Egyptians Act to Stop Torture, Find Justice for Khaled Said

September 28, 2010

[Update: The trial has been postponed once again to Oct. 23.]

After a two-month postponement, an important trial in Egypt is scheduled to go back into session, and Amnesty International will watch it closely to see  whether the judicial system there is ready to keep its police and security officials accountable for their actions.

The trial of two police officers accused of beating to death of a man outside an Alexandria internet café in June was discussed in an earlier blog posting here.

The officers are not accused of murder but with lesser charges. Amnesty has called upon Egyptian officials place measures to protect witnesses in the case.  But in similar situations in the past, no charges would have been filed at all. We believe the fact that the trial is being held at all is because of the great groundswell of public interest in the case.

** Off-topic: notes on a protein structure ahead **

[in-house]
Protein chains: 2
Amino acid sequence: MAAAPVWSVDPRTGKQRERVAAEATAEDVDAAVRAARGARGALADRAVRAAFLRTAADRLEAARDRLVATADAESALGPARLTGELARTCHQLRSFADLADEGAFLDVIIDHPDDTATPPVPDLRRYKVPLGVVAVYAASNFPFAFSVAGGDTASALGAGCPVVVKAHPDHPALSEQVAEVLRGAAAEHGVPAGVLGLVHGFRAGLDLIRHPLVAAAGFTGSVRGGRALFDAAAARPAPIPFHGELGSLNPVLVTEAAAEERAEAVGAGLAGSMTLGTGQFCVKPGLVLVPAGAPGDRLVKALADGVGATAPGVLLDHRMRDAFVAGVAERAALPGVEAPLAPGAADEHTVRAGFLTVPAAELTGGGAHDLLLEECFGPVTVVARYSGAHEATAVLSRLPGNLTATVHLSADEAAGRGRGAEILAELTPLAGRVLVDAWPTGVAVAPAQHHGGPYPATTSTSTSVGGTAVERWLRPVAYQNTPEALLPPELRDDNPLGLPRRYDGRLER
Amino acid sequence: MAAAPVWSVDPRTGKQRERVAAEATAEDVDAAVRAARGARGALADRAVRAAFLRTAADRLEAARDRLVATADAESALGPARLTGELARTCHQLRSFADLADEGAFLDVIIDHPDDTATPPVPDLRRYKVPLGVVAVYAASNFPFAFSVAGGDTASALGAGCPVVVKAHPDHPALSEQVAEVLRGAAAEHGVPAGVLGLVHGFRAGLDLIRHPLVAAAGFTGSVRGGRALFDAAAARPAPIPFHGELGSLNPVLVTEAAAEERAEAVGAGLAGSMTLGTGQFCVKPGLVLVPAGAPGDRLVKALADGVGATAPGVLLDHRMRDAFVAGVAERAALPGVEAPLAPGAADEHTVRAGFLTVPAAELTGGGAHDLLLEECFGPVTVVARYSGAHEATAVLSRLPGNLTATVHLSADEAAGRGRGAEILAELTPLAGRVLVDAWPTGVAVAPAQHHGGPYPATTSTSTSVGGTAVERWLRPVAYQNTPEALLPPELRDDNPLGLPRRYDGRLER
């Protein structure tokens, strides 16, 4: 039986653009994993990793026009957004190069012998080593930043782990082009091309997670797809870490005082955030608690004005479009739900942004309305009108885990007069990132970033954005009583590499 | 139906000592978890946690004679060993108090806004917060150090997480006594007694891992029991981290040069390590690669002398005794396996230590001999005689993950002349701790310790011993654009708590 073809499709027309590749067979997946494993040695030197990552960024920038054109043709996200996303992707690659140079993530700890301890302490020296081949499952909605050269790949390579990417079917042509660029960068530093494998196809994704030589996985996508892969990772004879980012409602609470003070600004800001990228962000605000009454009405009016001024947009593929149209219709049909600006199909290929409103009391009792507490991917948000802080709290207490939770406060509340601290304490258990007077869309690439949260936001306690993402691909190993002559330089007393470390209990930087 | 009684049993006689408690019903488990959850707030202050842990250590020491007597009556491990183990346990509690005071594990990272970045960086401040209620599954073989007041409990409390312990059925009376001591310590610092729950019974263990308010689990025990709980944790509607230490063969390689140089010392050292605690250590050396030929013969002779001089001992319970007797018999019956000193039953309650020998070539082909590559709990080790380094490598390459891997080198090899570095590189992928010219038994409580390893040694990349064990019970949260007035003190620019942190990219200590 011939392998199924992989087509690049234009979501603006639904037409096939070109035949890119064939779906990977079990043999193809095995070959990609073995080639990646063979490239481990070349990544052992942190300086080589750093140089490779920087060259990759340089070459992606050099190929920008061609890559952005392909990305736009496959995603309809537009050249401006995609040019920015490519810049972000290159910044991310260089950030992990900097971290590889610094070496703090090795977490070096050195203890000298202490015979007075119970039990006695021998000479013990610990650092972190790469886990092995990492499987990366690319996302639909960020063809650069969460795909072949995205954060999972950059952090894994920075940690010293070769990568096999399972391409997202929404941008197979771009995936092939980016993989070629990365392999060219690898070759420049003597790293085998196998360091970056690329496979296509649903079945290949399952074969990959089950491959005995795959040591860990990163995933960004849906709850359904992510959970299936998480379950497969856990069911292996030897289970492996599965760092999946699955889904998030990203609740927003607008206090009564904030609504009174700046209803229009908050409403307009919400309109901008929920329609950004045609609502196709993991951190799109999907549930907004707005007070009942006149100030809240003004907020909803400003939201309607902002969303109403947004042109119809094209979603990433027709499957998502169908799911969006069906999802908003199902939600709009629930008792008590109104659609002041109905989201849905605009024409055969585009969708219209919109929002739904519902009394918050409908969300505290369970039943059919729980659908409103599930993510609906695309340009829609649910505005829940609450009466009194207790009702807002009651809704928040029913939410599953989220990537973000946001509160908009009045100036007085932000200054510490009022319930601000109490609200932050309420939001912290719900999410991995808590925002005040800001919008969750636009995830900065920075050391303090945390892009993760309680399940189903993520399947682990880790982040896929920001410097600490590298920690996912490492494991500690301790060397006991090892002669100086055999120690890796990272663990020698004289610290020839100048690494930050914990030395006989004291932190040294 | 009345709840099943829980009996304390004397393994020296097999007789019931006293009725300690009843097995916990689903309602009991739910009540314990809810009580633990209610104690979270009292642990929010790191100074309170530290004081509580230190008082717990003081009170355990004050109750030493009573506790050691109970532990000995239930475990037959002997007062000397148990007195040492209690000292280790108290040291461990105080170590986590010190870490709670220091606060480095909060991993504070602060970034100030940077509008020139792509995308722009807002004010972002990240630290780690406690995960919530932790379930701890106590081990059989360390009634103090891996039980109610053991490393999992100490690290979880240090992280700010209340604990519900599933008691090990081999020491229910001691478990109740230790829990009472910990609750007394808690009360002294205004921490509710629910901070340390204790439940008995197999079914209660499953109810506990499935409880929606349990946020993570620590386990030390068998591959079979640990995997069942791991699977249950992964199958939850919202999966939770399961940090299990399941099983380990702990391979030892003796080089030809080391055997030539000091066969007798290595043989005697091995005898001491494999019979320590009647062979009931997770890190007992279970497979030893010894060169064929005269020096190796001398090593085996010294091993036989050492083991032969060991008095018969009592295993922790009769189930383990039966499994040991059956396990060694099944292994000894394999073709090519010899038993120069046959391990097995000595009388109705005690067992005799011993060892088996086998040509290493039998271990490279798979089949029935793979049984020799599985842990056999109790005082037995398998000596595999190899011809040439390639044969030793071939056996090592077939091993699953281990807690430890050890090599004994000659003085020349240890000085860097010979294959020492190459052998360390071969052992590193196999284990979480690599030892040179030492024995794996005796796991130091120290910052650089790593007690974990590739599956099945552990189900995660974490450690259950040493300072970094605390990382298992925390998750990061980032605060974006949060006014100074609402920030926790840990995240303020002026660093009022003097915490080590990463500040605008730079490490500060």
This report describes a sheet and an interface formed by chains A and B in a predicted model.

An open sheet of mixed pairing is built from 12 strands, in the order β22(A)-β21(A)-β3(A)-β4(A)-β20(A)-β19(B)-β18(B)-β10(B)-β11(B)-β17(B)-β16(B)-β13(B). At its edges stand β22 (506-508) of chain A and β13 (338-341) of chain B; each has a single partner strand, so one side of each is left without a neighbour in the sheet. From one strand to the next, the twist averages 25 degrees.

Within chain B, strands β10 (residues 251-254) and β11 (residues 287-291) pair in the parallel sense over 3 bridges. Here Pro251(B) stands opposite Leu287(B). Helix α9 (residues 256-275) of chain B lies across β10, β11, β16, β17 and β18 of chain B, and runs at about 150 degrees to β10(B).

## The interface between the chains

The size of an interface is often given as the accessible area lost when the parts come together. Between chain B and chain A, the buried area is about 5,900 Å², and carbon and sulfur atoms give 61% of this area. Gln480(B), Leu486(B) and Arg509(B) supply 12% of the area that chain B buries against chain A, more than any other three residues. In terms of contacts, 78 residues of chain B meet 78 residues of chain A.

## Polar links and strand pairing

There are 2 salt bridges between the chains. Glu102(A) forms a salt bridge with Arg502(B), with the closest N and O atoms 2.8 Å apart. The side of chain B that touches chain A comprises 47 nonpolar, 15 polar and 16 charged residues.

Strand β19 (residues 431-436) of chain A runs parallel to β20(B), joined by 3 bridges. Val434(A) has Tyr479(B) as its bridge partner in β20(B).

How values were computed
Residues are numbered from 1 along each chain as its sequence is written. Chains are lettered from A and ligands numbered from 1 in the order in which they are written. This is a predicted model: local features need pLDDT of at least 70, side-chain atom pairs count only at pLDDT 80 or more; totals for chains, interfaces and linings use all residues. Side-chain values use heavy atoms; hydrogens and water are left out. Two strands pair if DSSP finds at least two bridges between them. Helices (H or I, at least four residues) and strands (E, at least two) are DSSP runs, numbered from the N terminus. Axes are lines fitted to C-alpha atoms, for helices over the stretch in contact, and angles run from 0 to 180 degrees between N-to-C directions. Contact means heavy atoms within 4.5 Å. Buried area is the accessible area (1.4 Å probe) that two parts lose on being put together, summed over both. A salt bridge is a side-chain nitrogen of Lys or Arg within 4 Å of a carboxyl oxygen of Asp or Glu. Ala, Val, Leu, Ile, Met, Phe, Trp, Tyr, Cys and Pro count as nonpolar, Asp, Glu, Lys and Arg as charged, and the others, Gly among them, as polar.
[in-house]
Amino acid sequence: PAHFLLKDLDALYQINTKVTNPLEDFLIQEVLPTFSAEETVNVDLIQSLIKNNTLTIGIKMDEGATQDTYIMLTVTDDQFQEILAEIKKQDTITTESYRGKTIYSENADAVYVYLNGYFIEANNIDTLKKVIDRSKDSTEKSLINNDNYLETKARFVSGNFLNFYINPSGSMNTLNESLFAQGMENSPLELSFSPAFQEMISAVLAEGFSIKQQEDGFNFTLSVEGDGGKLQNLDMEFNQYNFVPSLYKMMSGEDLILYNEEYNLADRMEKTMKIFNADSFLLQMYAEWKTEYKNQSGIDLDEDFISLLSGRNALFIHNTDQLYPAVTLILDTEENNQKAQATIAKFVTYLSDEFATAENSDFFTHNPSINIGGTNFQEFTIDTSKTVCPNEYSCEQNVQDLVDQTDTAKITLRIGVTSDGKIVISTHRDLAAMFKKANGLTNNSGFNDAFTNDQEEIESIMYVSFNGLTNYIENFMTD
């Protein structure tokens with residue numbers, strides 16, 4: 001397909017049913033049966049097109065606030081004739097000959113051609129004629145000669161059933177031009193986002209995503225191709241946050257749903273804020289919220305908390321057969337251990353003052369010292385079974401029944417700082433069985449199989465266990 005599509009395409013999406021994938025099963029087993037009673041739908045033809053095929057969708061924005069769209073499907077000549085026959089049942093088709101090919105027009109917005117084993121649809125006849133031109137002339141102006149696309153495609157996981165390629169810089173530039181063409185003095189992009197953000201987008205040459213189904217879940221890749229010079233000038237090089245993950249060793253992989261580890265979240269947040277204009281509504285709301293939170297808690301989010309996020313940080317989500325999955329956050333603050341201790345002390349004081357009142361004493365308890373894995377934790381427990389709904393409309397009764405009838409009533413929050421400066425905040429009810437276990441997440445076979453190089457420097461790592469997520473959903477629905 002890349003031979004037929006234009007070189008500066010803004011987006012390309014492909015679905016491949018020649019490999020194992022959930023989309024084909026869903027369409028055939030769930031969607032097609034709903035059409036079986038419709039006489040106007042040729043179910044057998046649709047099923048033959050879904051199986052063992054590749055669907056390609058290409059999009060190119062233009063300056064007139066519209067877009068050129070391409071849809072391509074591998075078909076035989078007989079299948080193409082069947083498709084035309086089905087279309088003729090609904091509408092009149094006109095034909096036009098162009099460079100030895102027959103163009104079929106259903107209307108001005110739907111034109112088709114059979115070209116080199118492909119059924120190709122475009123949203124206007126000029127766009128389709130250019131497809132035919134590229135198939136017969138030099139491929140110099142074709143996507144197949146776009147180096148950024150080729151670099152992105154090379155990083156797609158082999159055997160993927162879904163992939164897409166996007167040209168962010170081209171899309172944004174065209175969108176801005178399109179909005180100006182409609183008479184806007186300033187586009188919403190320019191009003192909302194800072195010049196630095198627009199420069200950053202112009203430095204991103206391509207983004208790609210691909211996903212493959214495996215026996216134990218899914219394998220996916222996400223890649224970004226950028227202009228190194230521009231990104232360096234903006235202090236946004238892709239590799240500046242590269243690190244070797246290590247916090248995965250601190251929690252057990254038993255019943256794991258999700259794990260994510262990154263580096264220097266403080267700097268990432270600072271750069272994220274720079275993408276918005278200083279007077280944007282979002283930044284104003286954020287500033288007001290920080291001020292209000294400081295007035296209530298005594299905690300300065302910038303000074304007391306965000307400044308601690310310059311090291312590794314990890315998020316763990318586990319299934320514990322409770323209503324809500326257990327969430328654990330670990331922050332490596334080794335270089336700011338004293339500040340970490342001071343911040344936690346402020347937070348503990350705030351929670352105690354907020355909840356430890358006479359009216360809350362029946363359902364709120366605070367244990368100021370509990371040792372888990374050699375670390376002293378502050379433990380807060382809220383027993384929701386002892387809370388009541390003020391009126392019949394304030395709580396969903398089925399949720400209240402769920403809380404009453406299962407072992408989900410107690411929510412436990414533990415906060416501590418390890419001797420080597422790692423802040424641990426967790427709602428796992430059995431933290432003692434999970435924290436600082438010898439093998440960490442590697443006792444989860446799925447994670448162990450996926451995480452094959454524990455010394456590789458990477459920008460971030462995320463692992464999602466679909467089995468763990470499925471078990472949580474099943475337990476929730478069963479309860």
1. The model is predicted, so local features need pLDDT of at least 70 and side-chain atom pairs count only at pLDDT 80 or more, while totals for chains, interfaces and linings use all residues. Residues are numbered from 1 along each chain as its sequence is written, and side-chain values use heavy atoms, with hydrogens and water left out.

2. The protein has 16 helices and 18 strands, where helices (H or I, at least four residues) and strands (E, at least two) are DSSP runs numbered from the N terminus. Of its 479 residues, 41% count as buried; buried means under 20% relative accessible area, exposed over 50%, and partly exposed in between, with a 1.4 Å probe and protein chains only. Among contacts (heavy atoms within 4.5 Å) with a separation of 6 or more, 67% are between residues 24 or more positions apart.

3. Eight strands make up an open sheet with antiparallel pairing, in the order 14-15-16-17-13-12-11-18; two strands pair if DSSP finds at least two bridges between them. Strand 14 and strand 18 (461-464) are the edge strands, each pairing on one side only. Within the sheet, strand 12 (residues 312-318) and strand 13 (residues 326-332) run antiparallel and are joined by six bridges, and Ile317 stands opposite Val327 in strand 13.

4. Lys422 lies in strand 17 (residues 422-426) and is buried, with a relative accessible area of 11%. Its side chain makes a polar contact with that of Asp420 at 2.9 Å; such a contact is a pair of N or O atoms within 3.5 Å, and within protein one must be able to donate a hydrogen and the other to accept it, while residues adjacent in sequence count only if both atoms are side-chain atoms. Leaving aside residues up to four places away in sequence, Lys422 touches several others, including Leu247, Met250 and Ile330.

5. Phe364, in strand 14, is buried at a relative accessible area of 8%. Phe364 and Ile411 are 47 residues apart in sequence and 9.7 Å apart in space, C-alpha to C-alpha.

Throughout Egypt, particularly in Alexandra and Cairo, large demonstrations have pressed authorities to pursue this case.  A new Amnesty video released this week before the trial explores why people believe this case is so important.

American officials are also watching.  Torture and death in custody has always been a significant part of the annual State Department Human Rights report on Egypt, and the last congressional delegation to meet with government officials raised the issue.  But frankly, it’s not the U.S. that is making the difference this time.

The video tells the story of why Egyptian people are demanding that the judicial authorities fulfill their obligations for justice and why Khaled Said will not be forgotten. They’ve made their leaders listen. Our support for them will show we are listening as well.